The isolation and suffering all around me is unacceptable to my sensibilities of goodness and fair play. The racial unrest is a heavy weight on my soul. Friends and neighbors are suffering and searching for meaning. We are but dust, grains of sand on the seashore. Yet eternity lives in our hearts! How can we hope to be comforters, helpers, bringers of hope? I am personally near the end of my ‘blink of an eye’ time here, but I long to tear off a little corner of the darkness. Thankfully there is a record of someone else in the same situation to give me perspective. Habakkuk was a prophet who lived in a grossly immoral society, although they were God’s own people. He desperately sought God for an answer that would bring solutions to the soul sucking wickedness and moral indifference surrounding him. God’s response was that it would take time and judgment. Suffering would precede peace – probably not the answer he was hoping for. “For the vision points ahead to a time I have appointed; it testifies regarding the end, and it will not lie. Even if there is a delay, wait for it. It is coming and will come without delay. Behold, as for the proud one, his soul is not right within him. But the righteous one will live by his faith (or faithfulness).” Habakkuk 2:2-4 emphasis mine

Uncommon character – living with confidence in what was revealed but not yet realized, convinced that the future promise was at least as certain as the current reality. God said trust and wait – two very challenging decisions to make while staring into the face of evil. He chose to live by faith in the promised future, which meant faithfulness to God’s ways during his earthly stay. He proclaimed the unpopular message of repentance and reconciliation to God and neighbor. If we bear the name of Jesus, this is our call as well. Living within but not submerged by evil. Grieved but not embittered. Touched by collateral adversity. Affected by judgment on a God-resisting culture yet without self pity. In this tumultuous place the call is to remain faithful – first to maintain trust, then to invite others to do the same. Faith put steel in Habakkuk’s soul, armored his judgment with eternal context, and forged his mind with truth. Let’s follow his example and live out God’s kingdom in our ‘blink of an eye’ time here.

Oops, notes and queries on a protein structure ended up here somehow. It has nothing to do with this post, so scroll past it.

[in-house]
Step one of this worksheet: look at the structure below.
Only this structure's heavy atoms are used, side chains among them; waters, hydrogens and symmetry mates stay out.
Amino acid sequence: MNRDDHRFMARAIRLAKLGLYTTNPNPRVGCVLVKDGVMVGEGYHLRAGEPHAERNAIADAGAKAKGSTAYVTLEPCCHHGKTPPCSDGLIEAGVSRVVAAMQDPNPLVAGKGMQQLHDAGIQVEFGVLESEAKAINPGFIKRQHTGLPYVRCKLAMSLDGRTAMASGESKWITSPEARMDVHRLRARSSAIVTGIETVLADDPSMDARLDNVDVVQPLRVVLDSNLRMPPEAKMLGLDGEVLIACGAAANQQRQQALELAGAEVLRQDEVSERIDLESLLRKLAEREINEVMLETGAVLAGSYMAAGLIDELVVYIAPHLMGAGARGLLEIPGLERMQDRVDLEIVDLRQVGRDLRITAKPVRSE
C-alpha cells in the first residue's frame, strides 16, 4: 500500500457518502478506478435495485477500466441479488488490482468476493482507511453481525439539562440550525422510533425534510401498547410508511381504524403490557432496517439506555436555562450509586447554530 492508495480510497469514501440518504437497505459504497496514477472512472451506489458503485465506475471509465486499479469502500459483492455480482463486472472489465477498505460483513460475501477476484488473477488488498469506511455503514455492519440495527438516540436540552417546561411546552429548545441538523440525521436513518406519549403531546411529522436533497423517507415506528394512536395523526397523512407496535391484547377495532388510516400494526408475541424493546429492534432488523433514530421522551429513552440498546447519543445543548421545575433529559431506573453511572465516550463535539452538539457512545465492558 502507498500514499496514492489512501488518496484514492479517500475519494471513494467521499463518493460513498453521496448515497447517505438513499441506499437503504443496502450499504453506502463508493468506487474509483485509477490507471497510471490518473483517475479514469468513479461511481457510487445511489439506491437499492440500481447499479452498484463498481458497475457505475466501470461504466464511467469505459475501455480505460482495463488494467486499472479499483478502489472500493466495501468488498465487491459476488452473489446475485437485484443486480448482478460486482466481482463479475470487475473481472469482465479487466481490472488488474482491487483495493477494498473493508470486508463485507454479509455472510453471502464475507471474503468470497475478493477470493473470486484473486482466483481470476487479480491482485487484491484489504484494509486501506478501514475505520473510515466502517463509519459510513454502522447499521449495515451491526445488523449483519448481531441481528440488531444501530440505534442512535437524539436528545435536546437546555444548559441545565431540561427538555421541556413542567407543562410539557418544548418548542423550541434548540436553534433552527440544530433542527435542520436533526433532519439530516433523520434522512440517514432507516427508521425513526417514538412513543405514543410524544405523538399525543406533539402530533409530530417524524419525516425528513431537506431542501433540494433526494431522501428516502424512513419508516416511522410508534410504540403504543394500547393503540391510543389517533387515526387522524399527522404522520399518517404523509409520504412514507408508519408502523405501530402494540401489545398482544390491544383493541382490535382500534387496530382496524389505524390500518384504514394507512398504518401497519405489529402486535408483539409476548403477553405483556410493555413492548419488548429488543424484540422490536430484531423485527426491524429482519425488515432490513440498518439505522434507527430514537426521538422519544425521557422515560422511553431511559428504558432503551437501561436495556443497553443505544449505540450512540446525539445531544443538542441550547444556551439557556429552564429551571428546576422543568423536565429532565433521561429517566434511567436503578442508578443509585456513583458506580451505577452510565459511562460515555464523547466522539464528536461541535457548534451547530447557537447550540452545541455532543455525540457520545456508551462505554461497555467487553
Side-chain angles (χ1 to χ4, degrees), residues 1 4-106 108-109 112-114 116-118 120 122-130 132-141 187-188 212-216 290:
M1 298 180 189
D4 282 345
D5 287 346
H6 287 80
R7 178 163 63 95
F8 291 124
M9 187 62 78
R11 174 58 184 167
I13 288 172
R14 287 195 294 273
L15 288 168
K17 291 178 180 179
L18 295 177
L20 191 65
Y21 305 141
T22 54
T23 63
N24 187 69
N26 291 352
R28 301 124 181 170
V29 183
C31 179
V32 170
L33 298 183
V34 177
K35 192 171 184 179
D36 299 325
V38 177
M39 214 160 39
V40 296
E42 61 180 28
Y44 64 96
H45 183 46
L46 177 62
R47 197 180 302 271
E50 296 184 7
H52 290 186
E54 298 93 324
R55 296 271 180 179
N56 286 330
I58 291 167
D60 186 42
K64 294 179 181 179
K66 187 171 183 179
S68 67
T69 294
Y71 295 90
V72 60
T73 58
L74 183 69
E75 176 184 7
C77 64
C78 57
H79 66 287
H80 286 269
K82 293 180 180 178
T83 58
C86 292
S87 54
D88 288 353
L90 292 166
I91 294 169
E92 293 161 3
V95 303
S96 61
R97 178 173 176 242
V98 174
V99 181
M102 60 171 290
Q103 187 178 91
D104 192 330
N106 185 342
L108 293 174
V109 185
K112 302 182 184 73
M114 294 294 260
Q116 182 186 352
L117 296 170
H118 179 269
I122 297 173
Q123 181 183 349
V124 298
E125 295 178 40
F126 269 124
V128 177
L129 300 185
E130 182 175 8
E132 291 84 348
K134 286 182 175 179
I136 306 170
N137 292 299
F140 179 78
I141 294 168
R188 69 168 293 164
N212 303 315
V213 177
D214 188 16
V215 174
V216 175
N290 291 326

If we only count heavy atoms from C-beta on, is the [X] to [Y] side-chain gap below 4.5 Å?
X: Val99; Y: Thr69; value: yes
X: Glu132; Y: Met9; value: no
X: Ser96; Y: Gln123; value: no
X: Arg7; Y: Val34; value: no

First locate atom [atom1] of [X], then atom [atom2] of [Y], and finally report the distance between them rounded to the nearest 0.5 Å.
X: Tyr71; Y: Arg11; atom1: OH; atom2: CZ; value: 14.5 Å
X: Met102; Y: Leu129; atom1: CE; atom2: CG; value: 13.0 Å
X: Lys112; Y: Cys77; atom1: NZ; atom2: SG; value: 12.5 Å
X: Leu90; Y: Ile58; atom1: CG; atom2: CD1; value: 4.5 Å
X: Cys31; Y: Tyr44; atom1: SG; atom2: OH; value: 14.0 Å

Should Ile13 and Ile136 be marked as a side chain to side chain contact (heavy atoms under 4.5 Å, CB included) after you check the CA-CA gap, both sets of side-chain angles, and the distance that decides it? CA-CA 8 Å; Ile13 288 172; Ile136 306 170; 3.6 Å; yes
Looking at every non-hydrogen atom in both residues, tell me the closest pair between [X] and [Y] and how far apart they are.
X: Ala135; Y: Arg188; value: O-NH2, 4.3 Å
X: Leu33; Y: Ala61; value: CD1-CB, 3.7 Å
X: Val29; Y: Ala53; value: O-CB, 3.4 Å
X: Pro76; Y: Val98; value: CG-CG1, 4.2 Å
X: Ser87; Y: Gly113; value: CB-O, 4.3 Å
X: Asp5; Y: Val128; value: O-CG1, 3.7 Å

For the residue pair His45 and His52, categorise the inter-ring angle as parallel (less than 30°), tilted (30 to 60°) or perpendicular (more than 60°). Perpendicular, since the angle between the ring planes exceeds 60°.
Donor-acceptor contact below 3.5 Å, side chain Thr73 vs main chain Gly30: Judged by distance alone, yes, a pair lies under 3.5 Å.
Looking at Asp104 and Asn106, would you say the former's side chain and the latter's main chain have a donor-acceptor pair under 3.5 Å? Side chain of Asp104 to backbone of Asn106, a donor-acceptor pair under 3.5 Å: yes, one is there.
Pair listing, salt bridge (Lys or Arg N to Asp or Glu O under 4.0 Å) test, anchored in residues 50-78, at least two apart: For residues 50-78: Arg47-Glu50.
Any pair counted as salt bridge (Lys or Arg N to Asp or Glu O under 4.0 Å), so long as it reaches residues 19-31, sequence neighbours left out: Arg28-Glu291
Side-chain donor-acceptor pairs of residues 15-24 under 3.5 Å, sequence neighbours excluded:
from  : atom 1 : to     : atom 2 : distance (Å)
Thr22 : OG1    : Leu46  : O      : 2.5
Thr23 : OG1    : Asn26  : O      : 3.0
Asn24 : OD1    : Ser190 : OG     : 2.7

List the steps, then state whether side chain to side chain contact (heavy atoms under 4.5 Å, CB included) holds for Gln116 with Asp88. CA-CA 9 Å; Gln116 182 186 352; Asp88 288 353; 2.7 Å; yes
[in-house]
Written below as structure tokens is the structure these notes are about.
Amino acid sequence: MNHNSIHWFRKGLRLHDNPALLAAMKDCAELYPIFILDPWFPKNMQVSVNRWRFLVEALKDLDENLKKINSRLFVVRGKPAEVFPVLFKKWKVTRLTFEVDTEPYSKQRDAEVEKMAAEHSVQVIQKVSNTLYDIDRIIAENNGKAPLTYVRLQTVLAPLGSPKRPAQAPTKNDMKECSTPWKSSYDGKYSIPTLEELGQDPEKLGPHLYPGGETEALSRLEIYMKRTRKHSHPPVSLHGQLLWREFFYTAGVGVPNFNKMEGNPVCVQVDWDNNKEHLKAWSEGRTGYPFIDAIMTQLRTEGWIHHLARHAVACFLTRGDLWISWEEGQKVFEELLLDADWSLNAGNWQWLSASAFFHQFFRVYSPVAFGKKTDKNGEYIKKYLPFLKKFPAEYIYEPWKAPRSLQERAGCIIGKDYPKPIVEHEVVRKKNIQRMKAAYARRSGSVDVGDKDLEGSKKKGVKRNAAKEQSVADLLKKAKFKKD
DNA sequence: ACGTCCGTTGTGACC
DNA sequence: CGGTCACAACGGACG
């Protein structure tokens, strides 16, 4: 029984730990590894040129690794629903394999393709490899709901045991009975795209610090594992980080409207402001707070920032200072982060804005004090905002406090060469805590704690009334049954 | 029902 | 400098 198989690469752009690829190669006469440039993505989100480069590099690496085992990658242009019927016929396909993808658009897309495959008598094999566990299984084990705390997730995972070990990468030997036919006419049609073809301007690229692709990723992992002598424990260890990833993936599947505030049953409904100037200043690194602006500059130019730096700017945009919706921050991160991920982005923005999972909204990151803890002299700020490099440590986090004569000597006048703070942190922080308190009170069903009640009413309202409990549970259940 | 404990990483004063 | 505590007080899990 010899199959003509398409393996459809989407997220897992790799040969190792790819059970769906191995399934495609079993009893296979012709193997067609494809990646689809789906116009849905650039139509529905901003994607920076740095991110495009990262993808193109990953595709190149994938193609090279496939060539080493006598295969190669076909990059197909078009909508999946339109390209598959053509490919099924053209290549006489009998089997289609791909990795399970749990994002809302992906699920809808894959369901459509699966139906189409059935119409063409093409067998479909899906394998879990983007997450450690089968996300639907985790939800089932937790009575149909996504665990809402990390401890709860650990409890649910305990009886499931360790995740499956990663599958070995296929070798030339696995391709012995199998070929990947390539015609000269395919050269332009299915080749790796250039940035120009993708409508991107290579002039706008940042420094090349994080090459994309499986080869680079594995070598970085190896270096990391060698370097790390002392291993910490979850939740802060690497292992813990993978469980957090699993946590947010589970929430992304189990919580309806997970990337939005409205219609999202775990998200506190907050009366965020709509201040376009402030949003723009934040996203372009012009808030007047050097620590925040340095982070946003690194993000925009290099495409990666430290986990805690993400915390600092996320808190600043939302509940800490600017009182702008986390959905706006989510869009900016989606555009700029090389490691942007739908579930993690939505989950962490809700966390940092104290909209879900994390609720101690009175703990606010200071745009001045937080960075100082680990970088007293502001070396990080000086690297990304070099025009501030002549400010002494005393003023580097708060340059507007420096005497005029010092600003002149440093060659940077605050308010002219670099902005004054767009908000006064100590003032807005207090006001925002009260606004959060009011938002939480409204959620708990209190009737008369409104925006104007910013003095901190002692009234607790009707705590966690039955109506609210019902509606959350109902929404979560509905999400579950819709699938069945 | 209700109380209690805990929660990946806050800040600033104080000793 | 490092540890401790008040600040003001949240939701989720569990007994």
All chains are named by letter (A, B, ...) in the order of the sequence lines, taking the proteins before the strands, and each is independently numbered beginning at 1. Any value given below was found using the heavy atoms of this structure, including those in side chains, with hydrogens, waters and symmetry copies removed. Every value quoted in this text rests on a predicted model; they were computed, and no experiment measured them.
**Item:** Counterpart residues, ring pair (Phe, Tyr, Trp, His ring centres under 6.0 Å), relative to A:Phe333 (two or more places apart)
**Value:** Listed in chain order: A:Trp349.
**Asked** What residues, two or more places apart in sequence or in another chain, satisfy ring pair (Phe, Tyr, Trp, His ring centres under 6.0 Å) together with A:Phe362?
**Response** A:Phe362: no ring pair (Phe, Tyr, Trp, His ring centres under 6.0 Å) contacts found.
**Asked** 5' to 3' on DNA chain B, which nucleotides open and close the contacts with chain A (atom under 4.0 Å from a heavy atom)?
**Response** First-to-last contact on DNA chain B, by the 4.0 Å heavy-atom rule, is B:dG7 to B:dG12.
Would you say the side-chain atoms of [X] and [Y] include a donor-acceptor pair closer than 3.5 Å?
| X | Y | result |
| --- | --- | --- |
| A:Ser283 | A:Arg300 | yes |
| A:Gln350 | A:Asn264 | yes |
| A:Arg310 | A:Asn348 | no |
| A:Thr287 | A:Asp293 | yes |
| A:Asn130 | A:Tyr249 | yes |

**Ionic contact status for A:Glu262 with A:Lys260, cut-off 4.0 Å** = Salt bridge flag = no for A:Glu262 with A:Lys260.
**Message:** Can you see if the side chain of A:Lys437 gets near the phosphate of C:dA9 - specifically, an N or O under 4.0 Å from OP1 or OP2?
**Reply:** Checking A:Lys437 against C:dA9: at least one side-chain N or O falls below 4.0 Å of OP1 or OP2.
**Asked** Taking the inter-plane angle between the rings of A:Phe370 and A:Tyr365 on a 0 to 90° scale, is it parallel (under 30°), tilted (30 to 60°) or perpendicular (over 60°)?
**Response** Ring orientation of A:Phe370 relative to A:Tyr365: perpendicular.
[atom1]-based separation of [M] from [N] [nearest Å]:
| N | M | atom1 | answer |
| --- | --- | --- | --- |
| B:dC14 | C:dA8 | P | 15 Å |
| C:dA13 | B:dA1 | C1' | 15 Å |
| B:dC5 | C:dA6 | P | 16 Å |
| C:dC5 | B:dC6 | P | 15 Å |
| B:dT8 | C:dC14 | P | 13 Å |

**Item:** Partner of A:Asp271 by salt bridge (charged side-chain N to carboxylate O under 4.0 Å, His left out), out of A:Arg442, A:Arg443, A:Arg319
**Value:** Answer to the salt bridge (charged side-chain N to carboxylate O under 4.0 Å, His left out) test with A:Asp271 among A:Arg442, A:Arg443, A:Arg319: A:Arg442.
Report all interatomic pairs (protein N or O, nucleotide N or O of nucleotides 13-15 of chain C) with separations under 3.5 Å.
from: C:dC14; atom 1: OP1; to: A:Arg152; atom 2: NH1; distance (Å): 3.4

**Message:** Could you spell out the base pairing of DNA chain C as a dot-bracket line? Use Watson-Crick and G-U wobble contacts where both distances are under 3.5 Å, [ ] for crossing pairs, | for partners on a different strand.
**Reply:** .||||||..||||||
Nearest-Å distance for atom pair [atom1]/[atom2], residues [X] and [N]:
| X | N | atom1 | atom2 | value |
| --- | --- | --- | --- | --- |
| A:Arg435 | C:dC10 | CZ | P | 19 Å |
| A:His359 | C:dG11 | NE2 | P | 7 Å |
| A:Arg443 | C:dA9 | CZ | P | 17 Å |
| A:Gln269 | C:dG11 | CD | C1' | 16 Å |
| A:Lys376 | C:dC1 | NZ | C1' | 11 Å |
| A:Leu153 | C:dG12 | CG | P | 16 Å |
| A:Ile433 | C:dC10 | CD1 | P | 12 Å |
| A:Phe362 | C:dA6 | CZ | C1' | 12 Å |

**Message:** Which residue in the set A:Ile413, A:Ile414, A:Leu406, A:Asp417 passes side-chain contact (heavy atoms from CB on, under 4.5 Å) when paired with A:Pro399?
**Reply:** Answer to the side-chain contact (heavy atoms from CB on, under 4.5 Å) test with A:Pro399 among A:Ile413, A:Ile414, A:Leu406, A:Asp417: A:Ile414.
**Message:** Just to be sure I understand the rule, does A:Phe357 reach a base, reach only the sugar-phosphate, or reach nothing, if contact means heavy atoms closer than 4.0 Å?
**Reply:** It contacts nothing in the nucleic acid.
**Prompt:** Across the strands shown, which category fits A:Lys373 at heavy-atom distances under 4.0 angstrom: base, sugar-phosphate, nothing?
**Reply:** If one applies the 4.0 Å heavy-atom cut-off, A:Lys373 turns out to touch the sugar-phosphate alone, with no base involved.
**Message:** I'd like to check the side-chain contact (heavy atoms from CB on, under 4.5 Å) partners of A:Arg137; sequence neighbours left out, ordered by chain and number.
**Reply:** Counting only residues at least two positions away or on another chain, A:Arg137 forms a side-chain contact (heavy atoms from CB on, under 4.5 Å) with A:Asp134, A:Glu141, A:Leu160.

Here is a delightful musical bonus: Paul Zach Be Still My Soul

Addendum: Psalm 28 is an excellent study on this topic, and Paul Tripp does a masterful job of introducing it in his book New Morning Mercies – July 18. I could not link to the July 18 reading, but you can browse the site and see if you are interested in his perspective. Here is a link to his website Paul Tripp